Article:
Snorkeling is a great way to immerse yourself in the underwater world of the Dry Tortugas.
Many wrecks and patch reefs lie in relatively shallow water and are easy to access.
Be sure to ask for more information at the Visitor Center!
A designated snorkle area is located near the campground.
Snorkeling along the outside of the moat wall or around the pilings of the south coaling dock is recommended.
A good place to start is along the outside of the moat wall. Large coral heads are located within the western
edge of the designated Snorkel Area, approximately
75 yards from the moat wall. More experienced snorkelers may want to explore the metal pilings of the old coaling docks.
Patches of healthy coral reef, some easily accessible
from shore and in shallow water, are snorkeling
havens. Do not disturb coral or shells. All coral, living and dead, is protected from collection.
Shipwrecks and all historic artifacts in the park are protected by law. Remember, you must display an approved dive flag when snorkeling outside of the designated Snorkel Area.
For your safety never snorkel alone—always use the “buddy system” when entering the water.
Make sure to test and adjust your equipment before you begin snorkeling.
If you must make an adjustment while snorkeling, carefully find a sandy bottom on which to stand.
Stand in the sand! Never stand on coral or seagrass.
Before snorkeling, make sure that all equipment fits properly. There are no life guards on duty, so swim at your own risk. No swimming or snorkeling
is permitted inside the moat.
To re-iterate: Make sure to never touch or stand on coral. Carelessness can destroy years of coral growth in seconds.
Seagrass beds are a nursery for small fish and marine life.
Please keep off. Stand in the sand. Never stand on coral or seagrass!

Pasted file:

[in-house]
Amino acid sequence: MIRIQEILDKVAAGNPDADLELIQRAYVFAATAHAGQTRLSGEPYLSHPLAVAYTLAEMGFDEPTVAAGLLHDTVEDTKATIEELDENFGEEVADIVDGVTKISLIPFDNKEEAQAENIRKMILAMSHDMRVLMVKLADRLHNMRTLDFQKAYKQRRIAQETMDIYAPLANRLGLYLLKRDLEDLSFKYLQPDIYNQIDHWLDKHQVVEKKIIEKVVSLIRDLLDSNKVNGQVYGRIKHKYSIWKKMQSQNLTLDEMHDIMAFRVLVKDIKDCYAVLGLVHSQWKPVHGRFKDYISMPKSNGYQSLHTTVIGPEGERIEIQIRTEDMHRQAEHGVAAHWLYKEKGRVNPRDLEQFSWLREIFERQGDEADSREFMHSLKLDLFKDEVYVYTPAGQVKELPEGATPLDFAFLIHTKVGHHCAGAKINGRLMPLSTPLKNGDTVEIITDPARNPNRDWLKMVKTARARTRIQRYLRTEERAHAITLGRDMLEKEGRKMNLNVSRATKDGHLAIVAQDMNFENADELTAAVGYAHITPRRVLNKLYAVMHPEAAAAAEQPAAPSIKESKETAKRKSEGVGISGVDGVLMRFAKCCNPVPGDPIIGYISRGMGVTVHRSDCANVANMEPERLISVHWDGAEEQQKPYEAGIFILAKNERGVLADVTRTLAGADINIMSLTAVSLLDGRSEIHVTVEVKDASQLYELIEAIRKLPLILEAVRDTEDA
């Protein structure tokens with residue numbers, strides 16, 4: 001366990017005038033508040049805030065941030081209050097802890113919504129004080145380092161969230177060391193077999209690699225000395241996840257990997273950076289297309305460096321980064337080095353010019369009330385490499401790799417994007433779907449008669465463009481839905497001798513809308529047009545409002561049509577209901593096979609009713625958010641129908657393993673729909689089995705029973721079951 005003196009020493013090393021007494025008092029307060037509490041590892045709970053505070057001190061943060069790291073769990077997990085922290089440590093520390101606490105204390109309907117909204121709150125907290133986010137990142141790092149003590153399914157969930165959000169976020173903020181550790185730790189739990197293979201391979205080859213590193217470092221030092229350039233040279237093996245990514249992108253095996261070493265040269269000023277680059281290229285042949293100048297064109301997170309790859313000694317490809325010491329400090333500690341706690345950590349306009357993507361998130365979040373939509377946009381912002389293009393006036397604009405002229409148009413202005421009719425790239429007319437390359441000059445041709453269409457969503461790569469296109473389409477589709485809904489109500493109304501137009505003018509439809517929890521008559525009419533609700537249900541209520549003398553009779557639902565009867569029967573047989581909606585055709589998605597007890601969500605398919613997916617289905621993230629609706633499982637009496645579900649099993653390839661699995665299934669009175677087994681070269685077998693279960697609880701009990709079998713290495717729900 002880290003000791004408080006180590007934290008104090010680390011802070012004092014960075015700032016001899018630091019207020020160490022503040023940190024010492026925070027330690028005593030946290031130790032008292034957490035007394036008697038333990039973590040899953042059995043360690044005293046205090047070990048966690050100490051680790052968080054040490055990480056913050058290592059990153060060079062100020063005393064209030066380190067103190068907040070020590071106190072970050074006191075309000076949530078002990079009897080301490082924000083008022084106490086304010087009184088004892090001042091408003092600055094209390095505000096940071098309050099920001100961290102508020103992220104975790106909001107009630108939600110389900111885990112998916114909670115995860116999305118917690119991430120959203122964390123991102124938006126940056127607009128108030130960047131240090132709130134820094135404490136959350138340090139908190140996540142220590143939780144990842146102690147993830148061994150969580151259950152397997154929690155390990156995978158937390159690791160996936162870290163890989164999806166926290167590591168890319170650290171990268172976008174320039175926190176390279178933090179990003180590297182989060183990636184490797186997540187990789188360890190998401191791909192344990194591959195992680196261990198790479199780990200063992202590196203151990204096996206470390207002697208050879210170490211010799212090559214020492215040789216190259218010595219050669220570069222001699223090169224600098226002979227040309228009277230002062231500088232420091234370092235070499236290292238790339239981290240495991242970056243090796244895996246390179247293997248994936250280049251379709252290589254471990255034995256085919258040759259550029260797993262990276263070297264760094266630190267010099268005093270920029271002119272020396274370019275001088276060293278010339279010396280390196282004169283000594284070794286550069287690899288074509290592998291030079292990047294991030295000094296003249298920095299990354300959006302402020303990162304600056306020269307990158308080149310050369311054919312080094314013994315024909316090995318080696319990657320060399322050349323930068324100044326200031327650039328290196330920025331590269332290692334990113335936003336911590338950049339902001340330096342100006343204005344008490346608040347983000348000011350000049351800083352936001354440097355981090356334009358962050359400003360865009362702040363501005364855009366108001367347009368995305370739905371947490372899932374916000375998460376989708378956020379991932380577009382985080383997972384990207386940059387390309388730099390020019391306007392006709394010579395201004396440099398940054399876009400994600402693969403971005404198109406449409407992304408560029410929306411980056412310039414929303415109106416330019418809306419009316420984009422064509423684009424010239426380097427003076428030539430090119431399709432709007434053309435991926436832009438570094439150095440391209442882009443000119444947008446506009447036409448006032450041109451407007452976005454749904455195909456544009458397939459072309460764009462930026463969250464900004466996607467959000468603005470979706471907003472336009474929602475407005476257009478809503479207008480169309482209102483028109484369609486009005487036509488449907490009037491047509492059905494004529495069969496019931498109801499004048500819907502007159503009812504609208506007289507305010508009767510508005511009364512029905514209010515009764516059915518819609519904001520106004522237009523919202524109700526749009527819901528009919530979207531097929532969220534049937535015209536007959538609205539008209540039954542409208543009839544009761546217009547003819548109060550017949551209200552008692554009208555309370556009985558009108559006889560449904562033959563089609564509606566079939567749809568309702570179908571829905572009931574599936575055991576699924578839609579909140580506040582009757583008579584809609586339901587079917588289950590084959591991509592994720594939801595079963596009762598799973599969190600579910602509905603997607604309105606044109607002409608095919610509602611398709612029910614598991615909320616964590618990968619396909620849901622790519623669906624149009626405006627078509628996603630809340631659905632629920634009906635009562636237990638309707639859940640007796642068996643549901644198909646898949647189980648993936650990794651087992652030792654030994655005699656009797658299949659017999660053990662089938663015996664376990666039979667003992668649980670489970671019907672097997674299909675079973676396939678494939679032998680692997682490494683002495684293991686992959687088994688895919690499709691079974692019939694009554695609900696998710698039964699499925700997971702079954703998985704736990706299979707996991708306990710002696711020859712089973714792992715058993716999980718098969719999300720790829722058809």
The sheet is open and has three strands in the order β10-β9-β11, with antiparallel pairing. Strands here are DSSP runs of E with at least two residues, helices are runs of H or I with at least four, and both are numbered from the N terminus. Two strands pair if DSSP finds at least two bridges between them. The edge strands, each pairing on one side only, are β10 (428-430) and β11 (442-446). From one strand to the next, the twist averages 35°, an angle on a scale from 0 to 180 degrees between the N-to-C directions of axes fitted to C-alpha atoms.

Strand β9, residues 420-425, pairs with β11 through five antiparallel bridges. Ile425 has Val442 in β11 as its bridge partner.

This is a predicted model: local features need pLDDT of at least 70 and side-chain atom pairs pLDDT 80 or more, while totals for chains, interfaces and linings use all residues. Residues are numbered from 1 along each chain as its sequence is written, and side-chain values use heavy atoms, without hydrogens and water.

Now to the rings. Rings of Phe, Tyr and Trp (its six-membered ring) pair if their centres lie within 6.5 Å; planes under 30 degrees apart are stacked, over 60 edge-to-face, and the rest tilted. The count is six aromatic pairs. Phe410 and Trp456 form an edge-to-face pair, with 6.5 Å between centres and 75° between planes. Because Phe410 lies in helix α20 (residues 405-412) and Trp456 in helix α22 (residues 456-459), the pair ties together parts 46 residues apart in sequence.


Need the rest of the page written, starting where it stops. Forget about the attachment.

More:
The Windjammer Wreck is one of the most important and complete wreck sites in the Dry Tortugas.
In its prime the “Windjammer” was a majestic sailing ship, carrying cargoes to worldwide markets.
The Avanti is one of many wreck sites within Dry Tortugas National Park. These islands, shoals, and reefs, discovered by Ponce de León in 1513, have been the scene of nearly 300 shipwrecks. The proximity of these reefs to the nearby shipping lanes of the Gulf of Mexico has made them a natural “ship trap.”
The wreck site lies in approximately 18-21 feet of water. The site is in two main wreckage fields. The bow portion, approximately 110 feet in length, lies in a generally east-west direction. It includes the bow, midships, and foremast. The second field, also roughly 110 feet in length, lies in a generally north-south direction. This second field is composed of midships, stern, mizzen, and main mast structures.
The wreckage and its associated coral are fragile. Please do not touch! A mooring buoy is provided for anchoring. If you choose to drop anchor, pick a location
that is a safe distance from the wreck site. Make sure that you anchor on a sandy bottom that is free of coral. Fishing is prohibited at the Windjammer Wreck site; you must be at least 100 yards away from the wreckage to fish.
Please remember that all shipwrecks, artifacts, and coral are protected within the park. You are the key to preserving this and other important sites. Only with your help will future generations be able to enjoy the park’s rich maritime heritage.
Location: Lat: 24 37.413'
Lon 82 56,548'